Works by Marina Abramović presented in LIFE DEATH INBETWEEN exhibition highlights the mysticism of survival, painful realities of existence and find liberation in the vastness of the unknown.
The collection of works attempt an exhibition space that articulates the confronting nature and juxtaposition of living, dying and everything in between. Works on view animate the tension and dualities of these themes, inviting viewers to seek personal reflection and signification in the motifs and tableaus created by Abramović.
Marina Abramović’s performances for for video and photography, as presented at galeria horrach moyà, are tangible representations of Abramović’s own discovery of existence and non-existence within her artistic practice. LIFE DEATH INBETWEEN are consistent themes realized within her work that have continued to be present and evolve throughout her long standing career.
In Cleaning the Mirror II, a performance for video from 1995, Abramović toils with an illusion of death, laying directly under a skeleton. The skeleton moves to the rhythm of her breath – a mundane gesture that demonstrates the most fundamental act of life – breathing. The most contemporary work in the show, The Jump, taken during the filming of Abramović’s artwork Seven Deaths, freezes the sensation of falling, or floating, leaving viewers unable to feel the relief of safe landing, forced to surrender to the imagined outcome.
In Dozing Consciousness (Body) it is not clear what manifestation of existence Abramović is proposing. While her body appears nearly lifeless, buried beneath the weight of crystals, her eyes are energized and captivating, with indication that she is anything but completely alert and in control. In The Family XI, from the series 8 Lessons on Emptiness, Abramovic is powerful in stance and stature, cradling a bouquet of guns just as one would flowers, articulating the tension of life and death within the same capture.
Each artwork holds the magnitude of existence, and its contradictions – there is stillness in falling, calmness in danger, breath in suffocation, power in fear, light in dark and life within death. Abramović challenges the rational mind to wonder at the grandeur of the unknown and to surrender control. The works are brought together by the public’s individual interpretations and connections made, and it is here, where we realize the collective and anonymous nature of being alive, and even find comfort in despair. Marina Abramović’s exhibition LIFE DEATH INBETWEEN, is a space to allow oneself to discover collective connection and empowerment to grasp what comes next.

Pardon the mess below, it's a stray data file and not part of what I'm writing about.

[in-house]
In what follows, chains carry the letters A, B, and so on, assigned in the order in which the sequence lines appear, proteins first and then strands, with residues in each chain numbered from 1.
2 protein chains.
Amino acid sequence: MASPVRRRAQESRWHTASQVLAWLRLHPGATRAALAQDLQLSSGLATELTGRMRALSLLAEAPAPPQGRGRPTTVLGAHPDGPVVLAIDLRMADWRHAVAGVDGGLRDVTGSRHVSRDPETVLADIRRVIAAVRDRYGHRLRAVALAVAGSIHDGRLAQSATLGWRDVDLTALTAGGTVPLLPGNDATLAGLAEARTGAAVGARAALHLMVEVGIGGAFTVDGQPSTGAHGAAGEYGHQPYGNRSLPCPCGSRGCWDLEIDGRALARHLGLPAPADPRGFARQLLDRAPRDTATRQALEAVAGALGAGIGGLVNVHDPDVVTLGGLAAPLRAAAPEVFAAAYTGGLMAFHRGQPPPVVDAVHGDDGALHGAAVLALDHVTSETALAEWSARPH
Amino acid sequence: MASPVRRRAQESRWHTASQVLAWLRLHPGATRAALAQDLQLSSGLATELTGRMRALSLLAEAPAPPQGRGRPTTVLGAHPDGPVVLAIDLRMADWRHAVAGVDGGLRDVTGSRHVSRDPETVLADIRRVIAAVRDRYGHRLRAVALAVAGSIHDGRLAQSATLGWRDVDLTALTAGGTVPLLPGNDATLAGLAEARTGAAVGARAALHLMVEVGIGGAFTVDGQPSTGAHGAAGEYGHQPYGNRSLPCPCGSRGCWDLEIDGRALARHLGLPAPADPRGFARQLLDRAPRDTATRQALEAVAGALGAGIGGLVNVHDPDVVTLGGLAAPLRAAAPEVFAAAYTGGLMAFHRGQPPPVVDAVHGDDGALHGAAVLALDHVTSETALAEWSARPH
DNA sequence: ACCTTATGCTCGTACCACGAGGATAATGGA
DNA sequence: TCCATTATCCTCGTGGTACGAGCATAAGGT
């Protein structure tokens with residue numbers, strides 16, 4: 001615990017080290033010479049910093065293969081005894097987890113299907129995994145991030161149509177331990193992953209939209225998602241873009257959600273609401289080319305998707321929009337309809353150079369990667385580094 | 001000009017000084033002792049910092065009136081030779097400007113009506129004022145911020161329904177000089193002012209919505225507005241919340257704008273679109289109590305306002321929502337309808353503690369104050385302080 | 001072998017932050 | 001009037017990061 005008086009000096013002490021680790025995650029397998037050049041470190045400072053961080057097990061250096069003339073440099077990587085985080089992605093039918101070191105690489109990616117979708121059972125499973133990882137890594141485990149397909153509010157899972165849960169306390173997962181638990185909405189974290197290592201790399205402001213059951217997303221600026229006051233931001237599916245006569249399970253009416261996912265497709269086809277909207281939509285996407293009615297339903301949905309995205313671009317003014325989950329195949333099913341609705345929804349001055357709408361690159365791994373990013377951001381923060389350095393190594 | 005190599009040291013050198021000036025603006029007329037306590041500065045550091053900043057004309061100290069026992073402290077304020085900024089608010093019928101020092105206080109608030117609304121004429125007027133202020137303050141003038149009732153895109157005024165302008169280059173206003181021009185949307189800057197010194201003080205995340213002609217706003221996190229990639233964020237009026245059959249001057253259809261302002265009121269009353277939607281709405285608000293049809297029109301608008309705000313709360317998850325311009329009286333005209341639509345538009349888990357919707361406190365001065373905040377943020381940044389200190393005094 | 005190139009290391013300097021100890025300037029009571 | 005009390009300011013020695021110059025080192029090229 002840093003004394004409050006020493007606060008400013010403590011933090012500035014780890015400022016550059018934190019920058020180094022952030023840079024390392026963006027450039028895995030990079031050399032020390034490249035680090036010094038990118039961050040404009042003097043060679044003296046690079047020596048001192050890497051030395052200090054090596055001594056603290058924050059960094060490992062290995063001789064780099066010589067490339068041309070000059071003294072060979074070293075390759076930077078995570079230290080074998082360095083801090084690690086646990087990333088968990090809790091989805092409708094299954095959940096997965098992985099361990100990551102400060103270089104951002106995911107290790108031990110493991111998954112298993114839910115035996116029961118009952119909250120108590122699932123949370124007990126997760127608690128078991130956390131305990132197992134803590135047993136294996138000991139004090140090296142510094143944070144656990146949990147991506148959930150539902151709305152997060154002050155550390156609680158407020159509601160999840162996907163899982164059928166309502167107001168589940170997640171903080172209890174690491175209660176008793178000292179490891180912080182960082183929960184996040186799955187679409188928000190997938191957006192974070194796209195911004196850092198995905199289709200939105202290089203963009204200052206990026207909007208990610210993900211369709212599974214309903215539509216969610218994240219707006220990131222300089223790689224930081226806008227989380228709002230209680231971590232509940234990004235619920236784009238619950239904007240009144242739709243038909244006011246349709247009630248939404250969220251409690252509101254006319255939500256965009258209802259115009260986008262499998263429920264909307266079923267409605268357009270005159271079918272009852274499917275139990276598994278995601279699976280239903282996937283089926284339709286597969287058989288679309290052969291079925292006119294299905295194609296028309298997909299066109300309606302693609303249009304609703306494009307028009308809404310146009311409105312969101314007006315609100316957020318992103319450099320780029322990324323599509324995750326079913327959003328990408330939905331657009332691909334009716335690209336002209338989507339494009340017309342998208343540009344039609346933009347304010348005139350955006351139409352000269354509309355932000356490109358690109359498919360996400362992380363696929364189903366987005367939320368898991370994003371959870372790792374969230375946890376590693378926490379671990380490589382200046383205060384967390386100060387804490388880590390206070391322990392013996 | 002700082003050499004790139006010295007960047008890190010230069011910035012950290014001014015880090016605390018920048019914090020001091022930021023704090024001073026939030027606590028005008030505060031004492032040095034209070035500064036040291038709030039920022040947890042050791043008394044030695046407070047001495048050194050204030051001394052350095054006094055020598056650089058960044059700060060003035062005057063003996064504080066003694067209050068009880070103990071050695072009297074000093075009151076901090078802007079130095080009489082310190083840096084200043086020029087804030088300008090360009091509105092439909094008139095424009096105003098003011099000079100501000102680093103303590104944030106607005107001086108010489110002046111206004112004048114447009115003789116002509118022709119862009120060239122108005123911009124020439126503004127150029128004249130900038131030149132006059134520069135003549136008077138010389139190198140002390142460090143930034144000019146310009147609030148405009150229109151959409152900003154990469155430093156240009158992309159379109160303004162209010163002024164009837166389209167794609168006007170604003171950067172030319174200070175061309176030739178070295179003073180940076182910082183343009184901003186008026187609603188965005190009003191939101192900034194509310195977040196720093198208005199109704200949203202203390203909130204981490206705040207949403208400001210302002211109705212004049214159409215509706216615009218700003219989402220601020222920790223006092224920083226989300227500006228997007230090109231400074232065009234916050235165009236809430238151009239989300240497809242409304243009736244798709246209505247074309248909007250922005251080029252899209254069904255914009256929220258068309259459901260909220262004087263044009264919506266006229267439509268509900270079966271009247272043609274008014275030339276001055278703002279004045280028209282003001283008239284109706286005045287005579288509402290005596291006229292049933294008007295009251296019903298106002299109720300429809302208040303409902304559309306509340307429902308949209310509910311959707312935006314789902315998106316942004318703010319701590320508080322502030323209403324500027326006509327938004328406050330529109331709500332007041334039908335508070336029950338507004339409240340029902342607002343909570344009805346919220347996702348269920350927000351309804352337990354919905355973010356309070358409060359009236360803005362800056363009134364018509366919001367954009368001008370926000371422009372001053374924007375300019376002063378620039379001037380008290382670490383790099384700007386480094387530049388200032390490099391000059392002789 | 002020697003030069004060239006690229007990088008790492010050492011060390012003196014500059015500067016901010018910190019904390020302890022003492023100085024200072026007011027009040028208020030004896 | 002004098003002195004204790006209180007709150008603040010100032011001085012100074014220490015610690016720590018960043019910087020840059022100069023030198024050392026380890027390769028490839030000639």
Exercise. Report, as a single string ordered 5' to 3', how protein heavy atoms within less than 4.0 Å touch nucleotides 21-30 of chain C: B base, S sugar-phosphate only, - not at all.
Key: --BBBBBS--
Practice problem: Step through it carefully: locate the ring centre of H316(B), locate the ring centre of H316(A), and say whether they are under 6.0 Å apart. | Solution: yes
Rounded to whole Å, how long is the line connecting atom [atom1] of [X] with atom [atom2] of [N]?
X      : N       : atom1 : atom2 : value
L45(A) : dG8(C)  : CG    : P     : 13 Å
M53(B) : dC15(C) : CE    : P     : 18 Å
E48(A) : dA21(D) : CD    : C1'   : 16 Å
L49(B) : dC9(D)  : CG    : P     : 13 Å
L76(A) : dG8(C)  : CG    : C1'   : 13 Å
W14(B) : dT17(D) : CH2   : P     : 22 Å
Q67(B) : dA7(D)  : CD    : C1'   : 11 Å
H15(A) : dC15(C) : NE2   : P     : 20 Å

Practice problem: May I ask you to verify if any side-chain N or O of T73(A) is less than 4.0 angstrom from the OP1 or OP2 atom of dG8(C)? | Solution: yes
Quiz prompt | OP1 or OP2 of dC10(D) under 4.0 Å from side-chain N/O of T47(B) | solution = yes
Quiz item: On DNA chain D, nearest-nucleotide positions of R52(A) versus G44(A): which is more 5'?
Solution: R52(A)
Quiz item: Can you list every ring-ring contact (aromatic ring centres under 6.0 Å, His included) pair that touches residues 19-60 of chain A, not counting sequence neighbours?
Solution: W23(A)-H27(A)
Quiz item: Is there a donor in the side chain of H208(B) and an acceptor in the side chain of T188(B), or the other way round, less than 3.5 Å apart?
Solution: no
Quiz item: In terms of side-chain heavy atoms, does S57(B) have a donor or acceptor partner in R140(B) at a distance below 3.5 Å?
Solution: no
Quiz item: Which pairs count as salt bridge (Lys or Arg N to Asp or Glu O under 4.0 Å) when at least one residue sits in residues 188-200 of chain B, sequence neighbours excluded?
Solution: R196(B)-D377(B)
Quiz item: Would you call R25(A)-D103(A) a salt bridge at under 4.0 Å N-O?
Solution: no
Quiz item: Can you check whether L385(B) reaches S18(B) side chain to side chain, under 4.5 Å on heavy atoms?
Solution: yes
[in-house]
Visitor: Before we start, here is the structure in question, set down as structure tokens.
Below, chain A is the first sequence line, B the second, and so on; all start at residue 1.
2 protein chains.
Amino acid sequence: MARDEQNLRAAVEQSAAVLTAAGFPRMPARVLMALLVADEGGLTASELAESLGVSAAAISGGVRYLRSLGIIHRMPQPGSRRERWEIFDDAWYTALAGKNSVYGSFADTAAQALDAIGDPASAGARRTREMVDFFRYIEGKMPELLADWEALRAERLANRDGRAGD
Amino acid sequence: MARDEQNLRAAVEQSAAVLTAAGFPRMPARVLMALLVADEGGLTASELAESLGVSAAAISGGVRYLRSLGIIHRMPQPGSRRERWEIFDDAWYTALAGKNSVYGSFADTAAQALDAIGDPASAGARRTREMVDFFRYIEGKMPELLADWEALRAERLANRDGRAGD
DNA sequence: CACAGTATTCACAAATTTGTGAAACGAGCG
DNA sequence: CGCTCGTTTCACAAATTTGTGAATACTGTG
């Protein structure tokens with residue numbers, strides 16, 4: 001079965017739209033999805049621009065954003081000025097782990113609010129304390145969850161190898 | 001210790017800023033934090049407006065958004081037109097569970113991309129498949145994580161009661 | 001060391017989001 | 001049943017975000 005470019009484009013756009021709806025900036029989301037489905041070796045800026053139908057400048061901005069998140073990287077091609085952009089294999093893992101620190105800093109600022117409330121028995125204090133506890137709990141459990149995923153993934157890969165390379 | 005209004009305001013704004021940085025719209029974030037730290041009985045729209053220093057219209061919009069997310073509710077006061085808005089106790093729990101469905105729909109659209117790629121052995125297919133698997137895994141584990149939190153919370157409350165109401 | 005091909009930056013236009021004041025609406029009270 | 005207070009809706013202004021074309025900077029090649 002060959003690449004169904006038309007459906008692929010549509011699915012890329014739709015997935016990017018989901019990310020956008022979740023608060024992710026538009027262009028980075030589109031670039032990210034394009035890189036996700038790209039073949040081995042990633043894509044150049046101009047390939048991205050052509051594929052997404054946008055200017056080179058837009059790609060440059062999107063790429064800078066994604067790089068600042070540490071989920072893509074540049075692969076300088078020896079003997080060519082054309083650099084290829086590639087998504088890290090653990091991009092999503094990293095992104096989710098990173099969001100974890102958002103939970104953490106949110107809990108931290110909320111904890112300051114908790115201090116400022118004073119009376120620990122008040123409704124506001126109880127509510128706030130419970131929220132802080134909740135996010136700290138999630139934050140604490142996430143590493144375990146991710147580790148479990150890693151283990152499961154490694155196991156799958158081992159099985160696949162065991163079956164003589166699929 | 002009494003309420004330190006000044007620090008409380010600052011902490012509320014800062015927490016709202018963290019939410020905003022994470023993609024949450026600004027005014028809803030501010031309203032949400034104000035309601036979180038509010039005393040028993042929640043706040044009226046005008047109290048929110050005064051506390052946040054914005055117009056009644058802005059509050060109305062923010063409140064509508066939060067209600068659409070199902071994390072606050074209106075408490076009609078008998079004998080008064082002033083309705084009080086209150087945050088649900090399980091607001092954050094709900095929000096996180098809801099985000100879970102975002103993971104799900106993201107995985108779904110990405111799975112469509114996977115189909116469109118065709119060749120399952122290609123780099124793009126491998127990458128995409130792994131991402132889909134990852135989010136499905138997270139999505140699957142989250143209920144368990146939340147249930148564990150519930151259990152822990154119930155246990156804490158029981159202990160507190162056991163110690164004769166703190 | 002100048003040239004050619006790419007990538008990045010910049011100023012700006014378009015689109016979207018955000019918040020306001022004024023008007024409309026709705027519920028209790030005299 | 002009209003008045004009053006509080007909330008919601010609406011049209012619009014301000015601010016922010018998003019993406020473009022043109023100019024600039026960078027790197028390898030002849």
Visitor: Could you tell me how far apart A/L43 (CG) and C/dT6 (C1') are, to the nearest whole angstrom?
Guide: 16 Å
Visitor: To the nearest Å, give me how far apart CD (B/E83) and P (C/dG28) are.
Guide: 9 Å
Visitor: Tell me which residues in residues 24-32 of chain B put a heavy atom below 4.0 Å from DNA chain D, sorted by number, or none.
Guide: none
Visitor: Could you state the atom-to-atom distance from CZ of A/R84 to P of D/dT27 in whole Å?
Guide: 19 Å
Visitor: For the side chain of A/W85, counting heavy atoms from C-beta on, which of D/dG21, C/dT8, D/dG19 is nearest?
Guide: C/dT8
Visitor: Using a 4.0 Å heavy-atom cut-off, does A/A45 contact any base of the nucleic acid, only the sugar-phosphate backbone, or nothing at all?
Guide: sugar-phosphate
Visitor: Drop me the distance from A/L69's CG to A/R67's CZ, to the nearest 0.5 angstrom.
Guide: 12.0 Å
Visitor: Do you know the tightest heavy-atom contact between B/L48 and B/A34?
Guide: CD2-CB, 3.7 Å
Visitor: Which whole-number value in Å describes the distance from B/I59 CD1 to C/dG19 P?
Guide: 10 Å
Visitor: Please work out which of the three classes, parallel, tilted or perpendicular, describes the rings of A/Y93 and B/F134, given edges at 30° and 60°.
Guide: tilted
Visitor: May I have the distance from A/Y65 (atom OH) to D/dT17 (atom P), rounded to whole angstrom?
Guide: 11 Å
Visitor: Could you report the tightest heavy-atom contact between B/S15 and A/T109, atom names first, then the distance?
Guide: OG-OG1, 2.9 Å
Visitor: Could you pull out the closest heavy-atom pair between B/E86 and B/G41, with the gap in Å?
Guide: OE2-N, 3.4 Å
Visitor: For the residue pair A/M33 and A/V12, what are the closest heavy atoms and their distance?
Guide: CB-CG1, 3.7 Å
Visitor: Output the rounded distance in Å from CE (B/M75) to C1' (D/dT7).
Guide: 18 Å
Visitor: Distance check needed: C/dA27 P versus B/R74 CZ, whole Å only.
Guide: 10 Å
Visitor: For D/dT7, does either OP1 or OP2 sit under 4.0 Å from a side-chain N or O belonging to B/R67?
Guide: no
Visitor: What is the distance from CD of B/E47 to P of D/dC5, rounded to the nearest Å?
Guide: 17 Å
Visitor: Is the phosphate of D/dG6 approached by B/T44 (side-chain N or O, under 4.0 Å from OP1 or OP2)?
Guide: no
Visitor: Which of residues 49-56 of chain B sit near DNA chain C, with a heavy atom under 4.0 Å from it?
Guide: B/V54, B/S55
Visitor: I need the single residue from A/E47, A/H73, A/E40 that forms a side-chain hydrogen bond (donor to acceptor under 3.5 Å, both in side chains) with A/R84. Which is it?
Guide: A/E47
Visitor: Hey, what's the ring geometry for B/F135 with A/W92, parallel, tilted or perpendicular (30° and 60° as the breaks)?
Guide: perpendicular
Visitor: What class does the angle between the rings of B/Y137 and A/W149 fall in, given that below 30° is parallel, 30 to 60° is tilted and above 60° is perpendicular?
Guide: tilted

Born in the former Yugoslavia, the artist Marina Abramović is undoubtedly one of the most influential figures of our time. For four decades she has pushed the boundaries of art and led the way in the use of performance as a visual art form. The artist continually experiments and explores the limits of her mental and physical endurance and that of her audience. With her body as both subject and medium, she examines the relationship between performer and audience, resisting pain, exhaustion and danger in pursuit of emotional and spiritual transformation.
Since the beginning of her career in the early 1970s – she studied painting at the Academy of Fine Arts in Belgrade – Abramović has redefined and promoted performance art. A key member of the pioneering generation of performance artists – Bruce Nauman, Vito Acconci and Chris Burden – Abramović, one of the leading artists of radical performance, has transcended the provocative forms of her origins and created some of the best work in the genre, and is the only one who continues to create significant works.
She has won countless awards, most recently the Princess of Asturias Award for the Arts in 2021, including the Golden Lion for Best Artist at the Venice Biennale in 1997, the Bessie Award for the performance The House with The Ocean View, the Austrian Commander’s Cross for her contribution to art history (2008), and an Honorary Doctorate in Art from the University of Plymouth (UK), among others.
In 2010 a major retrospective of her work was held at MoMA, including a performance of over 700 hours (The Artist is Present). In 2011 she premiered The Life and Death of Marina Abramović, a work directed by Robert Wilson and in which she shared the stage with the actor William Dafoe. In 2012 she began working at the Marina Abramović Institute (MAI), based in Hudson, New York, which is an institution that promotes and disseminates performance all over the world.